Syria conflict: Three hospitals hit in air strikes

Three hospitals have been hit in air strikes in northern Syria, medics and witnesses say, killing a number of people.

Medecins Sans Frontieres said seven people died in an attack in Maarat al-Numan. Activists said another hospital in the town was also hit.

Another strike in Azaz near the Turkish border killed 10, reports said.

MSF blamed pro-Syrian government forces for the raid in on its hospital; Turkey blamed Russia for the Azaz strike.

They come days after Russia and other world powers agreed to a limited cessation of hostilities in Syria.

Almost five years of civil war in Syria have led to the deaths of more than 250,000 people. More than 11 million people have been displaced.

It has not been confirmed who carried out the latest attacks.

However, Mego Terzian, president of MSF France, said the Maarat al-Numan strikes were carried out by forces “loyal to President Bashar al-Assad”.

He told Reuters: “There were at least seven deaths among the personnel and the patients, and at least eight MSF personnel have disappeared, and we don’t know if they are alive.”
Turkish Prime Minister Ahmet Davutoglu said a Russian ballistic missile had hit buildings in Azaz, with children among the dead.

Associated Press reported that five people had died at a children’s hospital.

One medic, Juma Rahal, told the Reuters news agency: “We have been moving scores of screaming children from the hospital.”

Several more people were killed in an air raid on a nearby village, AP reported.
Russia has been carrying out air strikes in Syria since September in support of President Assad and against what it terms “terrorists”.

The strategic supply corridor – Selin Girit, BBC Turkish

Azaz and Tal Rifat are on the corridor stretching from the Turkish border to the city of Aleppo. This is the supply route, the lifeline for the anti-Assad rebels in the area, as it serves as a land bridge to Turkey.

The route faces threats from various sides. To the east, the so-called Islamic State group, to the west the Syrian Kurds and to the south the Assad forces.

Tal Rifat is 20km (12 miles) from the Turkish border. Azaz just 7km. Halfway between the two is the Mennagh air base, now captured by Syrian Kurds.

Turkey says the Kurds have to retreat. Otherwise its shelling of their positions will continue.

A Kurdish capture of Azaz and Tal Rifat – and the fall of the supply corridor – could change things dramatically. Turkey could indeed become directly involved.

Azaz has seen an influx of thousands of people fleeing advances by the Russian-backed Syrian army in Aleppo province.

The Kurdish YPG militia, which has been making advances in the area, has also targeted Azaz.

Turkey has shelled Kurdish positions since the weekend and on Monday promised the “harshest reaction” if the forces tried to take Azaz.

Turkey views the YPG militia in Syria as allied to the outlawed PKK, which has carried out a decades-long campaign for Kurdish autonomy within Turkey.

Syria said the Turkish shelling was a violation of its sovereignty and has called on the UN Security Council to act.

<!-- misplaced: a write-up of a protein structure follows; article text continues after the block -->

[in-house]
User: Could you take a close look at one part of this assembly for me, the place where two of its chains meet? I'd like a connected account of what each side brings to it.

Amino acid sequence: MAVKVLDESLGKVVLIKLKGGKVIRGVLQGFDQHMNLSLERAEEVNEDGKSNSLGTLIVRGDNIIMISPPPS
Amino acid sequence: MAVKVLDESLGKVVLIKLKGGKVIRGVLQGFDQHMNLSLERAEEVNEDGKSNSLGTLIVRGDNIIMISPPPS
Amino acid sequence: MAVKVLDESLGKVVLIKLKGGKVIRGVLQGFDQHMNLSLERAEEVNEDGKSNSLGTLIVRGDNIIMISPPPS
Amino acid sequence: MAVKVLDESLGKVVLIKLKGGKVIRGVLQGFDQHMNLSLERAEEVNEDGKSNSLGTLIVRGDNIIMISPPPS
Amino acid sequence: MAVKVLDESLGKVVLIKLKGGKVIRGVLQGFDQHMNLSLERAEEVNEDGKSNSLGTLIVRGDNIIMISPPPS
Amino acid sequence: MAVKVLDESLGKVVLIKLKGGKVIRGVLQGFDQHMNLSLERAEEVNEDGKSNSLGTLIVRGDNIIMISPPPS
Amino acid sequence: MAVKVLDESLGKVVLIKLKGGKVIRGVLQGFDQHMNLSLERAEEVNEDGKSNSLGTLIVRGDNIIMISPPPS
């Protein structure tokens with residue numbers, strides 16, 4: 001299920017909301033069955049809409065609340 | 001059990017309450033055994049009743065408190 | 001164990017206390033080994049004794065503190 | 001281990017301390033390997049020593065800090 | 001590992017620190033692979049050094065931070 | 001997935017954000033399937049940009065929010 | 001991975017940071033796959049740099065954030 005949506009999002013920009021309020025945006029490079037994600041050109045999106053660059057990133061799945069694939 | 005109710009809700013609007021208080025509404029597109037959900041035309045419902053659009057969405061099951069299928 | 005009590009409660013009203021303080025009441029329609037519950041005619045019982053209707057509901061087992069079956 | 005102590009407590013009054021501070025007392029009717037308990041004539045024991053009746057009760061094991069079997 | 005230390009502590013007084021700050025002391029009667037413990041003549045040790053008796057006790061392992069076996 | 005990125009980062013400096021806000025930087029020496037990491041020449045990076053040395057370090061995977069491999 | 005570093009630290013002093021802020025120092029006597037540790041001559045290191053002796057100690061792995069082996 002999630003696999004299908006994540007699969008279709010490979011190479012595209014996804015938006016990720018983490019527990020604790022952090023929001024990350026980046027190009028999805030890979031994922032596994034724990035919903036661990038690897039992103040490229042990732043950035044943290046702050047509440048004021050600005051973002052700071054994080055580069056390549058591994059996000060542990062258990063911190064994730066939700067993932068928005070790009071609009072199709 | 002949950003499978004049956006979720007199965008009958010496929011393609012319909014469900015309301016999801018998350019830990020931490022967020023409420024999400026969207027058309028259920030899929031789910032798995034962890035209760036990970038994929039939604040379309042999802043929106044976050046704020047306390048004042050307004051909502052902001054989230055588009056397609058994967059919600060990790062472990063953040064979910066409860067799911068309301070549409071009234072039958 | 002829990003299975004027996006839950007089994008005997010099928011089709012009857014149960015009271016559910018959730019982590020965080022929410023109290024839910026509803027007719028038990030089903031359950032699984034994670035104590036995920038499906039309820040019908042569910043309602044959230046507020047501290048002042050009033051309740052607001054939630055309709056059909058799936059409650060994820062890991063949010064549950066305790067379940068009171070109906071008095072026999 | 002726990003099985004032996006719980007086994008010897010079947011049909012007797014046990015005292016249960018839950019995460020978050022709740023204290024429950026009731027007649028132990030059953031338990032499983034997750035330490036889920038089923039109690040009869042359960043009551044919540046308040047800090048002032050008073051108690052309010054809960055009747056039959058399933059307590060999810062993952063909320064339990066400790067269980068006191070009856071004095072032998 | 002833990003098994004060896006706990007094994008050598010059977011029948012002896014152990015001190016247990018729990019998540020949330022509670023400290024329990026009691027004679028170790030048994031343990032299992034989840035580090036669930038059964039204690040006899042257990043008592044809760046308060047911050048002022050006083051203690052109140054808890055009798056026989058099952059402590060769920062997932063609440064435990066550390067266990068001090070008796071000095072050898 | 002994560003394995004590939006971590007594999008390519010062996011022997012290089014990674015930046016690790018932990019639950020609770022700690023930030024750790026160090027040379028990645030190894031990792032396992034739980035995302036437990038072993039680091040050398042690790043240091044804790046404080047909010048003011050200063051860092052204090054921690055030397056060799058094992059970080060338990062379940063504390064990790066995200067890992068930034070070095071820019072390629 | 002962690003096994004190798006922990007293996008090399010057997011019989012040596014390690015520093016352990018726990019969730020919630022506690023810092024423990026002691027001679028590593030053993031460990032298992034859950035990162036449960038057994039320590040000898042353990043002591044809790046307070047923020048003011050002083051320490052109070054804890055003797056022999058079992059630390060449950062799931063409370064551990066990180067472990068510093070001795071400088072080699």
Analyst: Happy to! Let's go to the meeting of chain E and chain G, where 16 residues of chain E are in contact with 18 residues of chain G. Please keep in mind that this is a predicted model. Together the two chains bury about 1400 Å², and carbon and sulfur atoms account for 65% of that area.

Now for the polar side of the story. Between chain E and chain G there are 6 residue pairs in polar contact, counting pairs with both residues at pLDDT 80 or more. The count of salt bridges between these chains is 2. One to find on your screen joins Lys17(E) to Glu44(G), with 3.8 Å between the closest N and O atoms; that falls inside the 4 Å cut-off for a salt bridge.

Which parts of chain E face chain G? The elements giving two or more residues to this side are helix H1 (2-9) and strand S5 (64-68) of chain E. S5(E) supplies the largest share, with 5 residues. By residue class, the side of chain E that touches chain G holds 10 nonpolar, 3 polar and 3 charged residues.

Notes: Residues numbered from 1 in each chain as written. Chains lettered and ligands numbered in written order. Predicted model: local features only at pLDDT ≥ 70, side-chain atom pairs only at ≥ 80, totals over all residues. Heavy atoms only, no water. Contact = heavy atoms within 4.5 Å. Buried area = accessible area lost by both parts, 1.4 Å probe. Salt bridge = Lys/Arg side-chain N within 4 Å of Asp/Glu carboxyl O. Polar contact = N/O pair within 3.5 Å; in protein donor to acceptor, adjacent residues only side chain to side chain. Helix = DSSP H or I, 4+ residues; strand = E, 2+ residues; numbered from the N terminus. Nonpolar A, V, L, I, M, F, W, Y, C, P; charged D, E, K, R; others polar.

‘Deliberate attack’

MSF said four rockets had hit the hospital in Maarat al-Numan, a rebel-held town about 30km (20 miles) south of the city of Idlib, within minutes of each other on Monday morning.

The Syrian Observatory for Human Rights, a UK-based group which relies on a network of sources on the ground, said nine people were killed, including a child. The raid also left dozens of others wounded, it added.

MSF’s head of mission in Syria, Massimiliano Rebaudengo, said the strikes appeared to be a “deliberate attack on a health structure”, warning the attack left tens of thousands without medical care.

Another hospital in Maarat al-Numan was also hit, opposition group the Local Co-ordination Committees said, killing three people.

Syria’s health facilities targeted

 The World Health Organisation (WHO) says 2015 “saw the most blatant attacks on health facilities in Syria”. Between June and August, there were approximately 70 aerial attacks alone

 Between the start of the uprising in March 2011 and November 2015, Physicians for Human Rights (PHR) documented 336 attacks on at least 240 medical facilities and the deaths of 697 medical personnel

 Ninety percent of the attacks were carried out by the Syrian government and its allies, according to PHR

 The UN says an estimated 58% of public hospitals and 49% of primary health centres are either only partially functional or have closed, limiting healthcare workers’ ability to cope with the more than 25,000 trauma cases per month

 More than 40% of the population in Syria lack access to basic health services, and the shortages of specialised medical staff, ambulances, equipment and medical supplies have led to an increased number of preventable deaths

MSF, which operates medical facilities inside Syria and supports directly more than 150 others, said last week that attacks were further depleting Syria’s already exhausted healthcare system and preventing more people from accessing desperately needed medical care.

Since the start of this year alone, 14 health facilities in Syria have been hit, which MSF said confirmed that hospitals and clinics were no longer places where patients could recover in safety.

Last Thursday in Munich, world leaders pledged to work towards a cessation of hostilities in Syria within a week,

But Russia argues that the “cessation” does not apply to its air strikes, which have tilted the balance of the war in favour of the Syrian government.